The Crowsnest Highway (Highway 3) runs from Hope at the east end of the Fraser Valley all the way east to the British Columbia-Alberta border in the Rockies. Sometimes called the Crowsnest Route or the Route of the Crow, Highway 3 is a memorial to a young engineer who came to Canada in 1859. An Englishman from Devonshire, 24-year-old Edgar Dewdney arrived in Victoria with little more than a letter of introduction to Governor James Douglas. To keep himself alive during his first few months in the west, he found work surveying for the Royal Engineers.
When the discovery of gold in the Similkameen River prompted Governor Douglas to build a trail to the Interior through British territory, Edgar Dewdney and Walter Moberly won the contract. They completed the section from Fort Hope to Vermilion Forks, now Princeton, in 1861. A few years later, gold was discovered in Wild Horse Creek, and Dewdney was given the job of continuing the trail into the Kootenays. Fighting towering mountain ranges, wild rivers, and bottomless bogs, Dewdney and his crew completed the 366-mile-long (590-km) trail in seven months at a cost of a mere $75,000. Dewdney’s hard work and ambition later served him well in provincial and federal politics. He became lieutenant-governor of British Columbia before he retired in 1897.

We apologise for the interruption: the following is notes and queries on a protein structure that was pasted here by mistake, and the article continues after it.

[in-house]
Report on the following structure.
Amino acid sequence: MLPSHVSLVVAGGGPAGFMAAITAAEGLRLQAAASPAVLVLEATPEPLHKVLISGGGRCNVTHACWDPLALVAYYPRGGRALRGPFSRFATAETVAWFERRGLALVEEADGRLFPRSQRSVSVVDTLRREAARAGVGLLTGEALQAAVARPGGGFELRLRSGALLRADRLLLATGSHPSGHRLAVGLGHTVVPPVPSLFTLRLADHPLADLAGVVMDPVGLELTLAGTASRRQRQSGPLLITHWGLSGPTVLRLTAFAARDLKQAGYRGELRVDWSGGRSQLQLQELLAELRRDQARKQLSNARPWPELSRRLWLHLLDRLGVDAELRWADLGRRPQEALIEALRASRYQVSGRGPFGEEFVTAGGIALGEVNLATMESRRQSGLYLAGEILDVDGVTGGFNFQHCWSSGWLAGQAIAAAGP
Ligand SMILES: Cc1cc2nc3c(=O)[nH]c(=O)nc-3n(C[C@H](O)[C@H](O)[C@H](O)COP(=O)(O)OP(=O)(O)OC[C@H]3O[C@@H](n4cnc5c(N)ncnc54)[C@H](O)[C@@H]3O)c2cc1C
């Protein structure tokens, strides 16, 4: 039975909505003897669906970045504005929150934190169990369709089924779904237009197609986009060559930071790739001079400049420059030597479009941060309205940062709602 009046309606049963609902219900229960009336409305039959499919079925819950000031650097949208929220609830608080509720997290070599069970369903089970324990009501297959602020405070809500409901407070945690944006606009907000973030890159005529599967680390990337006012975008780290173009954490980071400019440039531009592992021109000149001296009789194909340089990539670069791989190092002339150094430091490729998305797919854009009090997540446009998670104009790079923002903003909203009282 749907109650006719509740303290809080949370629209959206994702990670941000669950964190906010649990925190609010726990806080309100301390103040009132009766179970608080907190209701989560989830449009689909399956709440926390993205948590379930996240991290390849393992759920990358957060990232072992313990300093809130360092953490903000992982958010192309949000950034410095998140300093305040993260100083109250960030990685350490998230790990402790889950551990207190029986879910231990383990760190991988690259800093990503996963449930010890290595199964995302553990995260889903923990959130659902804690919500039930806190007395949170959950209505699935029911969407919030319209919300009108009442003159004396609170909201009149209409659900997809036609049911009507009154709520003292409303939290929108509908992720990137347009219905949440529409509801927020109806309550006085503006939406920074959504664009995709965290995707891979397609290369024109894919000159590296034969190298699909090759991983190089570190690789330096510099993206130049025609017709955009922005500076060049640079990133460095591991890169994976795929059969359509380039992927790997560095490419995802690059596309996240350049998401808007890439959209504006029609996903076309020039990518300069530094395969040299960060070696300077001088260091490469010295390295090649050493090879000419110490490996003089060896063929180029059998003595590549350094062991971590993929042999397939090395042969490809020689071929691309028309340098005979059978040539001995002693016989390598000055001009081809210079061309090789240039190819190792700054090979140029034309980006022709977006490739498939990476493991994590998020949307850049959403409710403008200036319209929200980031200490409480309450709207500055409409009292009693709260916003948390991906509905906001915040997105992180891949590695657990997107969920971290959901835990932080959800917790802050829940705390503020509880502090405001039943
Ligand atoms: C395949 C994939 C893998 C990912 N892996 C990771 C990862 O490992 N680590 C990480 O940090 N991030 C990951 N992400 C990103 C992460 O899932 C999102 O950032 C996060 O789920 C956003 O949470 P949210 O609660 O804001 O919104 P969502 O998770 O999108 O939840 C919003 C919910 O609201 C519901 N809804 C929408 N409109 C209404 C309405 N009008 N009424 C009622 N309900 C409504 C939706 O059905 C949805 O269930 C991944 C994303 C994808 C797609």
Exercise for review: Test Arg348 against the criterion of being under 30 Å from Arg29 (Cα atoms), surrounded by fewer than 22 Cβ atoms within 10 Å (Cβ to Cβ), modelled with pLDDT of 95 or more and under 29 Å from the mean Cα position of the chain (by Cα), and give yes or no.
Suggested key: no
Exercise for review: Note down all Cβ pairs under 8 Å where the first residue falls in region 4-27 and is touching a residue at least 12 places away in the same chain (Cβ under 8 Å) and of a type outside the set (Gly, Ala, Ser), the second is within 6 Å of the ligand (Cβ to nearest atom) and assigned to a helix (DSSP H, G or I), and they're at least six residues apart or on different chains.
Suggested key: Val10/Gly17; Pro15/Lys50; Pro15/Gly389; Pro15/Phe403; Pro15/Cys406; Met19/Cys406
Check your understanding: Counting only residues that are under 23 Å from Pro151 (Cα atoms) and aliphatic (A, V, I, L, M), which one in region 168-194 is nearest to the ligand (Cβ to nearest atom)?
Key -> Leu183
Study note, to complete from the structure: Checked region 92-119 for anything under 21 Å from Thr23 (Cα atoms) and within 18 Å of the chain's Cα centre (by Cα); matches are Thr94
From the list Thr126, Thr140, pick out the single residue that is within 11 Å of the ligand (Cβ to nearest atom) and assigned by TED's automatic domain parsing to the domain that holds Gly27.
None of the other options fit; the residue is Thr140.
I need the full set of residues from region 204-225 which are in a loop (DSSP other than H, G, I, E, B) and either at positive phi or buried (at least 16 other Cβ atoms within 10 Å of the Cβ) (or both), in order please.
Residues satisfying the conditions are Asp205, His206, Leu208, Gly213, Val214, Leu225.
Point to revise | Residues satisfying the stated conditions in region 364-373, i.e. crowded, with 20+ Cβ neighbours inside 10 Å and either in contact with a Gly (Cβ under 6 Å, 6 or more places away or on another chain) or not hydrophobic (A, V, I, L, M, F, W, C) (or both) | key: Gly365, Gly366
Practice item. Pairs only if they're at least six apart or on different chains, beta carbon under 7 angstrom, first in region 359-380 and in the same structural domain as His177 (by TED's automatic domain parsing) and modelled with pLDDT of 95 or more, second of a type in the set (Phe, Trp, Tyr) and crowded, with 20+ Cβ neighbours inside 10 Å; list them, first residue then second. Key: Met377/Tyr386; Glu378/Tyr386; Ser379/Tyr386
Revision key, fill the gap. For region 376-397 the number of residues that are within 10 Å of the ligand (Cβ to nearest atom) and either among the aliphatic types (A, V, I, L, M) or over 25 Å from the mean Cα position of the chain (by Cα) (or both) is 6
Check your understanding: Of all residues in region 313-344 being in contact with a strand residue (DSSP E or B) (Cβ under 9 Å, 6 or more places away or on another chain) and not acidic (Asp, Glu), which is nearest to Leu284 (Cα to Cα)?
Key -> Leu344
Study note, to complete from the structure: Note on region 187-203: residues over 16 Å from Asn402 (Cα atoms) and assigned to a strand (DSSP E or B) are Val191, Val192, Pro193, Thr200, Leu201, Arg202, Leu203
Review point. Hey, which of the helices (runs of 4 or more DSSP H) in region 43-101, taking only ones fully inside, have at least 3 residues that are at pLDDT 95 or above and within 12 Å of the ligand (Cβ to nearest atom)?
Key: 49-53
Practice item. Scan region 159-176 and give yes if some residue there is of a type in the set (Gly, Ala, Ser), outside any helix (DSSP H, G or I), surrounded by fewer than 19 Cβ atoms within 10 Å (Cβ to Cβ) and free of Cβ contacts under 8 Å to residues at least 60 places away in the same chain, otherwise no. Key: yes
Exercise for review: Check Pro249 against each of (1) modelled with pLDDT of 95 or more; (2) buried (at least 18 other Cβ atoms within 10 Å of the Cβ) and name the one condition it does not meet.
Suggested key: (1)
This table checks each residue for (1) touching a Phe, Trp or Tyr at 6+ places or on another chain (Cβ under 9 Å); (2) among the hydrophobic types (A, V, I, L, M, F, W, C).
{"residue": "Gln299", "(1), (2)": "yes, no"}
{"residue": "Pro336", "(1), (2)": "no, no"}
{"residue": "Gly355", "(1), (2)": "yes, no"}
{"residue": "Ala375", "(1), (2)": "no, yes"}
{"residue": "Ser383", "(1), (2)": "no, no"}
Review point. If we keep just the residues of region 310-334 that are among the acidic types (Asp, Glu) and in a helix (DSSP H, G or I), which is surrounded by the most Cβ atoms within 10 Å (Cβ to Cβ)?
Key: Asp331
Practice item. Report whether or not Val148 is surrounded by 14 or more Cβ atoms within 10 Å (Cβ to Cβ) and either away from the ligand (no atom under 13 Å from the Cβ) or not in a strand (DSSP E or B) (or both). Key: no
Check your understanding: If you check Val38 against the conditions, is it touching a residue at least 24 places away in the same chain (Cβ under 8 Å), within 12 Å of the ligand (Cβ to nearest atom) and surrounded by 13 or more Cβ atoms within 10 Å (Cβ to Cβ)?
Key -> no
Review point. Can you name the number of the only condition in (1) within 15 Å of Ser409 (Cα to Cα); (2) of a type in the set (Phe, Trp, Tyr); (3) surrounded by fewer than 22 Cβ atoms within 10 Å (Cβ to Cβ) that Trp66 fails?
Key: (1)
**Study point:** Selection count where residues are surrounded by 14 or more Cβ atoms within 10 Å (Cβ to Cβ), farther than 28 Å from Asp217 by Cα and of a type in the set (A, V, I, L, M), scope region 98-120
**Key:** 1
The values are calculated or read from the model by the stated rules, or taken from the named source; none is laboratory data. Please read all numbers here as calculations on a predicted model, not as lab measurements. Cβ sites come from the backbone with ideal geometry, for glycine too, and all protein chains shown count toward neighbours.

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Crowsnest Highway: South Okanagan
The Crowsnest Highway runs from Hope at the east end of the Fraser Valley east to Grand Forks on the western edge of the Kootenays, through the Cascade Mountains and Manning Provincial Park and across the desertlike southern Okanagan Valley, including Princeton, Keremeos, and Osoyoos.
As you descend into the Okanagan Valley on Highway 3, a desert panorama broken by regular patterns of green spreads out before you. The area from the United States border north to Skaha Lake is known as Canada’s pocket desert, although it is slightly too cold and wet to qualify for official designation as such. Instead, climatologists classify it as a midlatitude steppe. However, outside the sweep of the irrigation sprinklers, greasewood, sagebrush, and prickly pear cactus are visible reminders of the desertlike environment, while western rattlesnakes and scorpions lurk out of sight.